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Report of the Defense Science Board Task Force on Tritium Production Technology Options

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Final technical rept.

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The long-standing national security policy of the U.S. to maintain a robust nuclear deterrent continues to be supported by the Congress and the President. The President has stated that ...our nuclear deterrent posture is one of the most visible and important examples of how U.S. military capabilities can be used effectively to deter aggression and coercion. Nuclear weapons serve as a hedge against an uncertain future, a guarantee of our security commitments to allies, and a disincentive to those who would contemplate developing or otherwise acquiring their own nuclear weapons. U.S. nuclear weapons designs require tritium, an isotope of hydrogen, which has not been produced in the U.S. since 1988, when the last tritium production facility the K-Reactor at the Savannah River Site was shut down. This long period without tritium production in the U.S. has been possible because arms control agreements reached in the early 1990s reduced the size of the U.S. nuclear weapons stockpile and because the Department of Energy DOE met stockpile tritium requirements by recycling the tritium removed from dismantled nuclear weapons. However, since tritium decays at a rate of 5.5 each year, a dependable source of tritium is required to continue to sustain the U.S. nuclear weapons stockpile to underwrite national security policy and to support arms control goals. The U.S. does maintain a five-year reserve supply of tritium, but this reserve is to be used only in an emergency. Current guidance states the reserve must be restored to its original level within five years of being used. To sustain the START I level, tritium production needs to begin around 2005 at a production capacity of about 3.0 kgyear. START II levels could be sustained with production of about 1.5 kgyear beginning around 2011.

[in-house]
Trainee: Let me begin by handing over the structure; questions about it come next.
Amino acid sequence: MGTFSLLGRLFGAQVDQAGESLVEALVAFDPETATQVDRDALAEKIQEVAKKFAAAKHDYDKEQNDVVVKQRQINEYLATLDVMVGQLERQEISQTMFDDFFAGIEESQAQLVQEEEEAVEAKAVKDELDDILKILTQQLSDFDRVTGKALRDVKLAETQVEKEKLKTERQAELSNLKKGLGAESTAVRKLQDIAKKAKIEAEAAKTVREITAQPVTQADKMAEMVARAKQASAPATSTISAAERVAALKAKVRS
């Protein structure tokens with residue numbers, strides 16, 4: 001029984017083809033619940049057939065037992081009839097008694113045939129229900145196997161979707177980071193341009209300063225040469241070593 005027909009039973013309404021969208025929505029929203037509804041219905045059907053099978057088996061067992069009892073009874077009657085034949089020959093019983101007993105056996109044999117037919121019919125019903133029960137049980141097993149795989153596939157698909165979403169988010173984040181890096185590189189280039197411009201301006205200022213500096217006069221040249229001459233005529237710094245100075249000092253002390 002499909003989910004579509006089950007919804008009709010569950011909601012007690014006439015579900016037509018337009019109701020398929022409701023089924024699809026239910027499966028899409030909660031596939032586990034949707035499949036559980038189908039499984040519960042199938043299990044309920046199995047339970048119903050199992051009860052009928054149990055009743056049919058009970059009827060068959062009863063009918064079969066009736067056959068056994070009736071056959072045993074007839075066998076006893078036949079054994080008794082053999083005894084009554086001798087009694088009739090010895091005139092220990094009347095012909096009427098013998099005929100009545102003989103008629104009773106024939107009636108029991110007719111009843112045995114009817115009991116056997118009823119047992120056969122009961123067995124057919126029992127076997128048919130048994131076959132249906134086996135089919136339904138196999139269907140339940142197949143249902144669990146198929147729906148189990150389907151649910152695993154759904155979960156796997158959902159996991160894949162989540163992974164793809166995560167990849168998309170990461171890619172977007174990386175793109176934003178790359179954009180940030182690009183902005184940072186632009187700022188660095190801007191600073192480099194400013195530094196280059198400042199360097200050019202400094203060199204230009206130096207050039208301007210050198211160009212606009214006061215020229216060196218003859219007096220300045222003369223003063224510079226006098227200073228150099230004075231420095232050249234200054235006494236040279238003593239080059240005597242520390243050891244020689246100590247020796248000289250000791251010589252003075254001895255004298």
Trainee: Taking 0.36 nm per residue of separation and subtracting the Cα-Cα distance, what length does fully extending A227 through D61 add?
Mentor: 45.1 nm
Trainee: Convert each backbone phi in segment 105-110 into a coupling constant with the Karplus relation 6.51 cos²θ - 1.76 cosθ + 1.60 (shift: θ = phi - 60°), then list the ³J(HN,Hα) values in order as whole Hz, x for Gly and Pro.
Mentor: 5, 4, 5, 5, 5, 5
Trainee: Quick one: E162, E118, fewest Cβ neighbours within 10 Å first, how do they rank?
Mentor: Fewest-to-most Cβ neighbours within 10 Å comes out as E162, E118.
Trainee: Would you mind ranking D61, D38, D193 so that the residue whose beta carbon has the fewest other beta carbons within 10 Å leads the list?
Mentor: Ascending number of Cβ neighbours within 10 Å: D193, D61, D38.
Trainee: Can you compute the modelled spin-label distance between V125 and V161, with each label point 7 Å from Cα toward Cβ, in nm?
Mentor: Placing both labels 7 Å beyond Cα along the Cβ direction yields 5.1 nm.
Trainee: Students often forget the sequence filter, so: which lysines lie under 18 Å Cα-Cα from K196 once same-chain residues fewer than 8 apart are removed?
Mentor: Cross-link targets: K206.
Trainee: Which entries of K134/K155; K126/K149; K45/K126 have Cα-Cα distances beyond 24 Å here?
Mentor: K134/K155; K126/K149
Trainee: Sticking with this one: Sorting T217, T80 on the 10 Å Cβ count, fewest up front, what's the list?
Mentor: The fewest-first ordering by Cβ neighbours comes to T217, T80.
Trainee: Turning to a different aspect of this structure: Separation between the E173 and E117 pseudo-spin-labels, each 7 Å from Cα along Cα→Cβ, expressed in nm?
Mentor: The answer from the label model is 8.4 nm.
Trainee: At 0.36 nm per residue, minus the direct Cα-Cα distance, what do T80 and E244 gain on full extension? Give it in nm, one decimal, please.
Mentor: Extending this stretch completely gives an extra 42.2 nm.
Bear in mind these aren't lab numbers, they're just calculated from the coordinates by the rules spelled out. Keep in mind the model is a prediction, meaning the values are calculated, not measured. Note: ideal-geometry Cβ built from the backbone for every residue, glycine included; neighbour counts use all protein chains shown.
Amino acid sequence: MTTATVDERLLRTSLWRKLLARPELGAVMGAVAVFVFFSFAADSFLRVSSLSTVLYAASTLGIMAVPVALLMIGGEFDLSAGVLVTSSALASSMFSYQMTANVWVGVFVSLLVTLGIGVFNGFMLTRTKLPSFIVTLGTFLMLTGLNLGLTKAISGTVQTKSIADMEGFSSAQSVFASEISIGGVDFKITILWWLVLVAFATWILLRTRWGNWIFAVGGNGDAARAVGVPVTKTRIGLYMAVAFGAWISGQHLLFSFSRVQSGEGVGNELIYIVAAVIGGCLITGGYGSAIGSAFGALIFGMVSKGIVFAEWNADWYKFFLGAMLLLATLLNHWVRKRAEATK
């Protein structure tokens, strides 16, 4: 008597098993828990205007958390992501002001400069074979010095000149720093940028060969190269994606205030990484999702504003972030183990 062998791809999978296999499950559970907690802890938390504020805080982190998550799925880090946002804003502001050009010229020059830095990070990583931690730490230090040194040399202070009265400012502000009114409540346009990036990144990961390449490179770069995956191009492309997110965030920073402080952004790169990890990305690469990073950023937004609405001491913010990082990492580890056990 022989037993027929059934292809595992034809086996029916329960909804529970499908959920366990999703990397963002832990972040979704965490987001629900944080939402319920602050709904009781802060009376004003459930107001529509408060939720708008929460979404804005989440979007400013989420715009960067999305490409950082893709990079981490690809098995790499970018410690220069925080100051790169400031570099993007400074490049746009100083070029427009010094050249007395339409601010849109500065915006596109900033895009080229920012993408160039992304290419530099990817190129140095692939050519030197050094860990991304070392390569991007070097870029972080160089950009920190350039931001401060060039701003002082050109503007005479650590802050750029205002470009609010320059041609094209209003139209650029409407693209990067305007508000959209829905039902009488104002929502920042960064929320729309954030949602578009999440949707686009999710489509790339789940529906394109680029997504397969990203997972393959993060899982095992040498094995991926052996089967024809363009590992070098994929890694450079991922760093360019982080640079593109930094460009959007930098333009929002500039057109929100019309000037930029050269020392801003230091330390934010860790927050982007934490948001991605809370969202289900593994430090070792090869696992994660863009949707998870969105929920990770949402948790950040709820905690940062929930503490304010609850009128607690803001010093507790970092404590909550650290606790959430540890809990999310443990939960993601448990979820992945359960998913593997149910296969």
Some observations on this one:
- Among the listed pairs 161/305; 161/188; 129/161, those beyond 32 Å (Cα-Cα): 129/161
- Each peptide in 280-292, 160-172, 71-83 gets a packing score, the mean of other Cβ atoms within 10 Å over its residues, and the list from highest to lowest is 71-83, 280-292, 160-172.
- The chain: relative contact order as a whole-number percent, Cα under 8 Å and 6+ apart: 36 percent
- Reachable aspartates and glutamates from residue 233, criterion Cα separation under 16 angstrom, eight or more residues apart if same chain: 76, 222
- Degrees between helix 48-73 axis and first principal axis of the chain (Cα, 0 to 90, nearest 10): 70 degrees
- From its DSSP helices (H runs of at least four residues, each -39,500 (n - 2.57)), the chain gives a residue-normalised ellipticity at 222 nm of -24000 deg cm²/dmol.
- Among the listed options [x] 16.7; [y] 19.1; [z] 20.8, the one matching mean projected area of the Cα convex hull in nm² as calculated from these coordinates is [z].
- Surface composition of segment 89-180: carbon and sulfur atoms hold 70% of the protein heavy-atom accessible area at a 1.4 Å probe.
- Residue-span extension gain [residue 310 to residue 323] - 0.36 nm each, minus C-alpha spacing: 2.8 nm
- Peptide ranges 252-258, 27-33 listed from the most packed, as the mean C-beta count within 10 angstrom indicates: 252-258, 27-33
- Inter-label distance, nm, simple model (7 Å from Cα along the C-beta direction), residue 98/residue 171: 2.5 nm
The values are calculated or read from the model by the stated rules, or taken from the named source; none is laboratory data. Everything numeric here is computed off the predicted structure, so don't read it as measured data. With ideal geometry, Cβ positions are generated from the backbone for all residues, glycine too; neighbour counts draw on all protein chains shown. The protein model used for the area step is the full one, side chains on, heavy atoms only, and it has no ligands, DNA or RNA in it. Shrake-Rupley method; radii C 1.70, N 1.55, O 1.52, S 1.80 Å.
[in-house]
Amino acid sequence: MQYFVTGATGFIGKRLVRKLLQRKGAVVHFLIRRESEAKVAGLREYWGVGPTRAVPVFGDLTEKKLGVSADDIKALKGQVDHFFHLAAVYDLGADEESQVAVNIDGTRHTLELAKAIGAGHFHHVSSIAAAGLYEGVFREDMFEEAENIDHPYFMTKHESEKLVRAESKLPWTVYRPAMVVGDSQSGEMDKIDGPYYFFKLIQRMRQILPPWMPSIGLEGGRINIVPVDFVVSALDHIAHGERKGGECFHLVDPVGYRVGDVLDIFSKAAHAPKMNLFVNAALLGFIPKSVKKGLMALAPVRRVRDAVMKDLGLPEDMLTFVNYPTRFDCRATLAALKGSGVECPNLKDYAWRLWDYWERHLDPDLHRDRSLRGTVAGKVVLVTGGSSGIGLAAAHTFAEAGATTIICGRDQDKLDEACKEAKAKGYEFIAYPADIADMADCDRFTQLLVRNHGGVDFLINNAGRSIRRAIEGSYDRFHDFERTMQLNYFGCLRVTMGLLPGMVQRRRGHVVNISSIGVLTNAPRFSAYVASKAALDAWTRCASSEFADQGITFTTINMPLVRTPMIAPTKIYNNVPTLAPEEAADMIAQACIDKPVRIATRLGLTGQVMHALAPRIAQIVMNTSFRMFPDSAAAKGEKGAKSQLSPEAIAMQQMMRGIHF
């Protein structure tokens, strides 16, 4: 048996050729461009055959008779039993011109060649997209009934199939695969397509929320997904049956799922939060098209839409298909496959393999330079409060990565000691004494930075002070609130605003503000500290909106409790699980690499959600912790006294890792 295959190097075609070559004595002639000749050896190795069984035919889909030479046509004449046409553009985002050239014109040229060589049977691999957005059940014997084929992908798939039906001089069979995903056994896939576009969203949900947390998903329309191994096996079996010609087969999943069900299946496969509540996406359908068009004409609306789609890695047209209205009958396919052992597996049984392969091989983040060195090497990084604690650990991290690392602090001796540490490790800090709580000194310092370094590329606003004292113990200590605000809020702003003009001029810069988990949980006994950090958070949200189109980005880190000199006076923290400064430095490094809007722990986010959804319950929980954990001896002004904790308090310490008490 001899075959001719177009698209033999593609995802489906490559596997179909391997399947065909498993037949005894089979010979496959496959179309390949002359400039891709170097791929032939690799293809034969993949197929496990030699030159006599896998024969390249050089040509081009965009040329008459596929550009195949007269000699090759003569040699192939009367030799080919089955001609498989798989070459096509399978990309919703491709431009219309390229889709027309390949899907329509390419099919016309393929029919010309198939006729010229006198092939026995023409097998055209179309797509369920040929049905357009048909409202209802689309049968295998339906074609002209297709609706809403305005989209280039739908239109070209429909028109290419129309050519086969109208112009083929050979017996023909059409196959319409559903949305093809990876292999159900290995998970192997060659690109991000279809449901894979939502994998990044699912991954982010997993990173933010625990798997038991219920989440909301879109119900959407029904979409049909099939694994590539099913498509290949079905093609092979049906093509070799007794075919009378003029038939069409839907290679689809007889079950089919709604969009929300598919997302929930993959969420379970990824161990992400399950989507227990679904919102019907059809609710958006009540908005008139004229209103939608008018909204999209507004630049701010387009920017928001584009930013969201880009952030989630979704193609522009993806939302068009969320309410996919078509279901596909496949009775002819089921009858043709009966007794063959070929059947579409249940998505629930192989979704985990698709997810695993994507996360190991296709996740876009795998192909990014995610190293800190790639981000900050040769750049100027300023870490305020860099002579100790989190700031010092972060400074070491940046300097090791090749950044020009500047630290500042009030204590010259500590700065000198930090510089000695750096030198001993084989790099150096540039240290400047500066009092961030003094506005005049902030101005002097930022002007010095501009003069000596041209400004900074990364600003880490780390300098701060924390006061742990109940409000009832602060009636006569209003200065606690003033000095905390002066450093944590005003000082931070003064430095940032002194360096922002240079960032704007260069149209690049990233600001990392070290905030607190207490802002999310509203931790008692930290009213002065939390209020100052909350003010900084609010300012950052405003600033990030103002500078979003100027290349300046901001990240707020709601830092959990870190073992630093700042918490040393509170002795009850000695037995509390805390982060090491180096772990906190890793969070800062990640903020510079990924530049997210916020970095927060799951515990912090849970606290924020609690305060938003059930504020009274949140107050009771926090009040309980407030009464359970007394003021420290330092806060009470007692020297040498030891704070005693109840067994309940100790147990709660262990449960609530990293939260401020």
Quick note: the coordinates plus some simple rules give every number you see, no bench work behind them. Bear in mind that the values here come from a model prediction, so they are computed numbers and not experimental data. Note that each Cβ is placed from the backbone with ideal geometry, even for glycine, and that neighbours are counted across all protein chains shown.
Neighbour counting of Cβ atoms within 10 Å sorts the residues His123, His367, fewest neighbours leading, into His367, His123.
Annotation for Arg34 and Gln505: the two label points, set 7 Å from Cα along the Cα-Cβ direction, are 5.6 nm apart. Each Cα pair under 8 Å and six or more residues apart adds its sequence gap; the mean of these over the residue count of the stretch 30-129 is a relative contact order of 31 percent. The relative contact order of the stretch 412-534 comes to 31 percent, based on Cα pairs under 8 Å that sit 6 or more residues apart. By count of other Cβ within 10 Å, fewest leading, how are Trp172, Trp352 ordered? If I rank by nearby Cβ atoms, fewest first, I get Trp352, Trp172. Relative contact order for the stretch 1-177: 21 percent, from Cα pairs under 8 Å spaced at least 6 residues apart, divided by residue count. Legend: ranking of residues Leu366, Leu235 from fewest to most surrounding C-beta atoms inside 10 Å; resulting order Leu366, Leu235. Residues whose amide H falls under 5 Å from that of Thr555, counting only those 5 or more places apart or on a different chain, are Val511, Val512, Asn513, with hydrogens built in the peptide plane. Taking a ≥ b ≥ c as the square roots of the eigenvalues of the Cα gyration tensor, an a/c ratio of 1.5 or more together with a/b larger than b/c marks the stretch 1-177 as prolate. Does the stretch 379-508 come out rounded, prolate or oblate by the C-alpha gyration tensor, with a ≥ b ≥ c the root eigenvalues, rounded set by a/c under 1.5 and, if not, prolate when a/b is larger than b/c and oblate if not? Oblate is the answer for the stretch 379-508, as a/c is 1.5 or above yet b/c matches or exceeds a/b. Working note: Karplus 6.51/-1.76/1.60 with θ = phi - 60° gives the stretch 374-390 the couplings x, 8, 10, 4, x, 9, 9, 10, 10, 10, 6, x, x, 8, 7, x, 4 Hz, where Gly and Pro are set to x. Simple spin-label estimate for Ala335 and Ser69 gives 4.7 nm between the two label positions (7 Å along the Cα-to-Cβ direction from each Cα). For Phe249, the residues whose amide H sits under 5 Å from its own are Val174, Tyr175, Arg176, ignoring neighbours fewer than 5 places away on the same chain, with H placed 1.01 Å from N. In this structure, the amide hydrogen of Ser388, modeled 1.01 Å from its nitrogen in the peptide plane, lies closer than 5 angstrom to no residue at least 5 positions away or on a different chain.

Subject Categories:

  • Isotopes
  • Military Intelligence
  • Nuclear Weapons

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